in collaboration with William C. Agee and Elizabeth Hutton Turner
The American artist Arthur Dove (1880-1946), purportedly the first artist to have produced an abstract painting, has always occupied a central place in writings on early American modernism. This book accompanies the first major exhibition on Dove since 1974. The exhibition, organized by the Addison Gallery of American Art and the Phillips Collection, covers the period from 1908, the year after Dove took up painting, through 1946, the year of his death. It is comprised of approximately eighty paintings, collages, pastels, and charcoal drawings.
Along with Georgia O'Keeffe and John Marin, Dove was touted for more than three decades by photographer and dealer Alfred Stieglitz as an American original, one whose work was prescient in its opposition to the materialism of a newly industrialized America. Essays by Balken, Agee, and Turner discuss Dove's interactions with Stieglitz and others in his circle, including O'Keeffe, Marin, Marsden Hartley, and Paul Strand, and re-examine Dove in the context of early twentieth-century intellectual and cultural history. The book contains color plates of all the works in the exhibition; the essays are profusely illustrated with black-and-white images not included in the exhibition. Apart from an out-of-print catalogue raisonné, this book is the largest and most comprehensive publication to date on Dove's work.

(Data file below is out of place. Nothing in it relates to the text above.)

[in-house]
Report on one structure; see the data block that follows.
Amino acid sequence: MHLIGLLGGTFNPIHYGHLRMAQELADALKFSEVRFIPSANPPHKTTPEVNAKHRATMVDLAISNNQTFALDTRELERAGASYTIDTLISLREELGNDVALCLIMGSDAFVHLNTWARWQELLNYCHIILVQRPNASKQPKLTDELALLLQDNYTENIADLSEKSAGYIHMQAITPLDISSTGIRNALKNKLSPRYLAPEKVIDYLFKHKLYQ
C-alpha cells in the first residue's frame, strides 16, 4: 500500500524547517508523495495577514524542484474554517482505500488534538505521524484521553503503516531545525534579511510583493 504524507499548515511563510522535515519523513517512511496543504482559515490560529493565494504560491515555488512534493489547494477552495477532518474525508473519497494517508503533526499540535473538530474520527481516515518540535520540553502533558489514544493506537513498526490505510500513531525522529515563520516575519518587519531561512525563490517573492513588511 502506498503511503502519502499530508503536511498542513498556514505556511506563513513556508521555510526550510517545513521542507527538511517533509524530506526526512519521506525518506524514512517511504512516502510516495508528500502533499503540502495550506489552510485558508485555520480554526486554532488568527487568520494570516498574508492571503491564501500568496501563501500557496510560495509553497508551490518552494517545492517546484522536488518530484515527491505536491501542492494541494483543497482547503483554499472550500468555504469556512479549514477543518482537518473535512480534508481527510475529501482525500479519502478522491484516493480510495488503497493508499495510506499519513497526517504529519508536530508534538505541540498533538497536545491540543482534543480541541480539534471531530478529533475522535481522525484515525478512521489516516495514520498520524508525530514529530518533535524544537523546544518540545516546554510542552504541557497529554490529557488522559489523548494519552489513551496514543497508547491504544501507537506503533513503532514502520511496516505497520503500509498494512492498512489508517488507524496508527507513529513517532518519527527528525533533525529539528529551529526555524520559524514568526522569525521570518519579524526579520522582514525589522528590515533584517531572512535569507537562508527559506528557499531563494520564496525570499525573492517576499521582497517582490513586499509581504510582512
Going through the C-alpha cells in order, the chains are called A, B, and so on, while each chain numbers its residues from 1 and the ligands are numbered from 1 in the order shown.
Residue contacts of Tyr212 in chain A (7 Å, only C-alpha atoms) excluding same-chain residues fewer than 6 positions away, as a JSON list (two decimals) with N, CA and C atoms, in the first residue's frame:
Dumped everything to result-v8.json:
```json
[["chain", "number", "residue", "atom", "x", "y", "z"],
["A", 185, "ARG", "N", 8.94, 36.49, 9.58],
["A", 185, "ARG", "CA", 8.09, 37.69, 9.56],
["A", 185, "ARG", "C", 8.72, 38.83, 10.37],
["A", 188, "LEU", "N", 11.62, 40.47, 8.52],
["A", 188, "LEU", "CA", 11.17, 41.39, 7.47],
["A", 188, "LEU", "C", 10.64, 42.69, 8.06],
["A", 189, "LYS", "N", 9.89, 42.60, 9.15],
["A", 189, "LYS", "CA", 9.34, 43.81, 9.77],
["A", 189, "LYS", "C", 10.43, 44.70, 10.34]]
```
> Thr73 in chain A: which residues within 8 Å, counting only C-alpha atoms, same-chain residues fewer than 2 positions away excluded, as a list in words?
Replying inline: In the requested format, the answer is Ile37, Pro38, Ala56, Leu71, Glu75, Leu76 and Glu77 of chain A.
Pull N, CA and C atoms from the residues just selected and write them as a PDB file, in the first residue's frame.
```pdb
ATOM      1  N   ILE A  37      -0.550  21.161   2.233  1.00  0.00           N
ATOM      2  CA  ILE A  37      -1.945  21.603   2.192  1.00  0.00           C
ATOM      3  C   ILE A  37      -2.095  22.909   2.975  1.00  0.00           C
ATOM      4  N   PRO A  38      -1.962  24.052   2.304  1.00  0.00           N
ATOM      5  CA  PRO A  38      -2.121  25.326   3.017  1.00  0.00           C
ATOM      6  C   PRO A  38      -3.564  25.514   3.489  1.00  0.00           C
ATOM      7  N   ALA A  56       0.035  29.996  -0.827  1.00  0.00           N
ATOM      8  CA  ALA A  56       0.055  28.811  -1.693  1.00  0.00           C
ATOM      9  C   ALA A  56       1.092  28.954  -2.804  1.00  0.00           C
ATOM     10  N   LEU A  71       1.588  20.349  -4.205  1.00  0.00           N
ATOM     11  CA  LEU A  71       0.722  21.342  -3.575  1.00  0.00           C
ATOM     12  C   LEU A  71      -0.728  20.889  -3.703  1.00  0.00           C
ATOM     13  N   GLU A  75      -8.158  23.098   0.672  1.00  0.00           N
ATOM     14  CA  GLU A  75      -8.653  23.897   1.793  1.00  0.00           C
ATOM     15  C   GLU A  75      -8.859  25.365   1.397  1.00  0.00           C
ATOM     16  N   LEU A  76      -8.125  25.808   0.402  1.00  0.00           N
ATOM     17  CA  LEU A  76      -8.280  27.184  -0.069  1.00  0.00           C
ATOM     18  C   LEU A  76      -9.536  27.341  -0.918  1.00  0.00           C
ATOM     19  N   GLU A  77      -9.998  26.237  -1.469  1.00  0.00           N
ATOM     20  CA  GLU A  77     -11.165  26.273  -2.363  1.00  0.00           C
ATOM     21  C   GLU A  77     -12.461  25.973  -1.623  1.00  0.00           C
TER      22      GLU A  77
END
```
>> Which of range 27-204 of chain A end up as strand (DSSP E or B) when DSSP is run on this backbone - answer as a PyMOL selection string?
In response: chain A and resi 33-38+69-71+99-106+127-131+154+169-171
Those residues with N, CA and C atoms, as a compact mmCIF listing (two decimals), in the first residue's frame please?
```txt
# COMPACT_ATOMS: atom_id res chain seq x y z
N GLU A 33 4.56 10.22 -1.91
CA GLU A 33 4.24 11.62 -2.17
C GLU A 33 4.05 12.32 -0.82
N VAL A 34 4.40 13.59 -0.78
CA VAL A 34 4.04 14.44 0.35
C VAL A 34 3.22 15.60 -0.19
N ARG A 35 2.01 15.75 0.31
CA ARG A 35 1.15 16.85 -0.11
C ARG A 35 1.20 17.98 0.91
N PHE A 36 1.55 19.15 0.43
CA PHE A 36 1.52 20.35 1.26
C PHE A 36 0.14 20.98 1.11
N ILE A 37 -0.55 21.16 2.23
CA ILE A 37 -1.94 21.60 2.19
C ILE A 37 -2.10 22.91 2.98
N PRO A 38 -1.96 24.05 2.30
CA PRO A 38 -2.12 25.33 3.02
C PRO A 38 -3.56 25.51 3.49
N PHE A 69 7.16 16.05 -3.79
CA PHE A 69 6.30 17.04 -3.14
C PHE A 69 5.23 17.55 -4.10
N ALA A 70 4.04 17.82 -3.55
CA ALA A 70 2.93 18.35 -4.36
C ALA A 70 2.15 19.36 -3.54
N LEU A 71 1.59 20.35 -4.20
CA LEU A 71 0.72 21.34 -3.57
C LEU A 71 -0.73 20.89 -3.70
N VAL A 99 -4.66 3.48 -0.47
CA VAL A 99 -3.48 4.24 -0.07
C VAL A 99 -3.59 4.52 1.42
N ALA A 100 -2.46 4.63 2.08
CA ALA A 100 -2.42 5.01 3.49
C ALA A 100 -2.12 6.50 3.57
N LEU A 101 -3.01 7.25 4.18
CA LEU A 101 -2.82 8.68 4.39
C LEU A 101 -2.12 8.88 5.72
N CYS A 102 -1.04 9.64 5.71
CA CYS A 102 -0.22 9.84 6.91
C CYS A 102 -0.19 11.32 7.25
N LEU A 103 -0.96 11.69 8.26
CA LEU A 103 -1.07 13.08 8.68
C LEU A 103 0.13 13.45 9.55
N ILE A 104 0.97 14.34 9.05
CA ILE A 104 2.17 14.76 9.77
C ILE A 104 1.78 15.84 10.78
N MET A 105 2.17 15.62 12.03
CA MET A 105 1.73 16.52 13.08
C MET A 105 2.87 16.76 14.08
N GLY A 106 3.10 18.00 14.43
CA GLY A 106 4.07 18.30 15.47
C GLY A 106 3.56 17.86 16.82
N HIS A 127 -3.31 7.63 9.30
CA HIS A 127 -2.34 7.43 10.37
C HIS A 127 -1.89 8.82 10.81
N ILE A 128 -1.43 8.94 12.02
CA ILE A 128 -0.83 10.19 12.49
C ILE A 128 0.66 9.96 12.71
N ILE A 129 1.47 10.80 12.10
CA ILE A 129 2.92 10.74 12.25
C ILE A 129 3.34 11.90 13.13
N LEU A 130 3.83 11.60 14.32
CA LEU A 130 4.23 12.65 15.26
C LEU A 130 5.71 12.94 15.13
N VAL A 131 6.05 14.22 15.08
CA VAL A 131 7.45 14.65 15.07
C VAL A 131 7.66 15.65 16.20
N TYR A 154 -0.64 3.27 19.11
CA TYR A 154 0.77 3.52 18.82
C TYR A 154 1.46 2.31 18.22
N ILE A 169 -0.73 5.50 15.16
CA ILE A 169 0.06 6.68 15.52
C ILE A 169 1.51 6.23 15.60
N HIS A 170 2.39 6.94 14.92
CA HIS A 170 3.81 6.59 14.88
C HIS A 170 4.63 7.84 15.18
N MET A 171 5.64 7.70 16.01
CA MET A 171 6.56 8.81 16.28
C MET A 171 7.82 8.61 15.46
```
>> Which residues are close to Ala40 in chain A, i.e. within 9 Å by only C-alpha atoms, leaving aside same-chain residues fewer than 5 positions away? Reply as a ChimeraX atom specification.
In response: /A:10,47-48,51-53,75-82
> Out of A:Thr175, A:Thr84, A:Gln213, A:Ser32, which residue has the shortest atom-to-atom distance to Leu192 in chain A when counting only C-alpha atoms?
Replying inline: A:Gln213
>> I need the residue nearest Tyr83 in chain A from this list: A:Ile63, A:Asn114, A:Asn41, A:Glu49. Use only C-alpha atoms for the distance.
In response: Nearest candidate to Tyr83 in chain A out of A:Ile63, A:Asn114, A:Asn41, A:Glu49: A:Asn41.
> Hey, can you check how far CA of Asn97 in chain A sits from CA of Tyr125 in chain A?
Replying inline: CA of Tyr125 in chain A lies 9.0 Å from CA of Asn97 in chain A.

Copublished with the Addison Gallery of American Art in association with the Phillips Collection
Winner, NEMA Publications Competition sponsored by the New England Museum Association.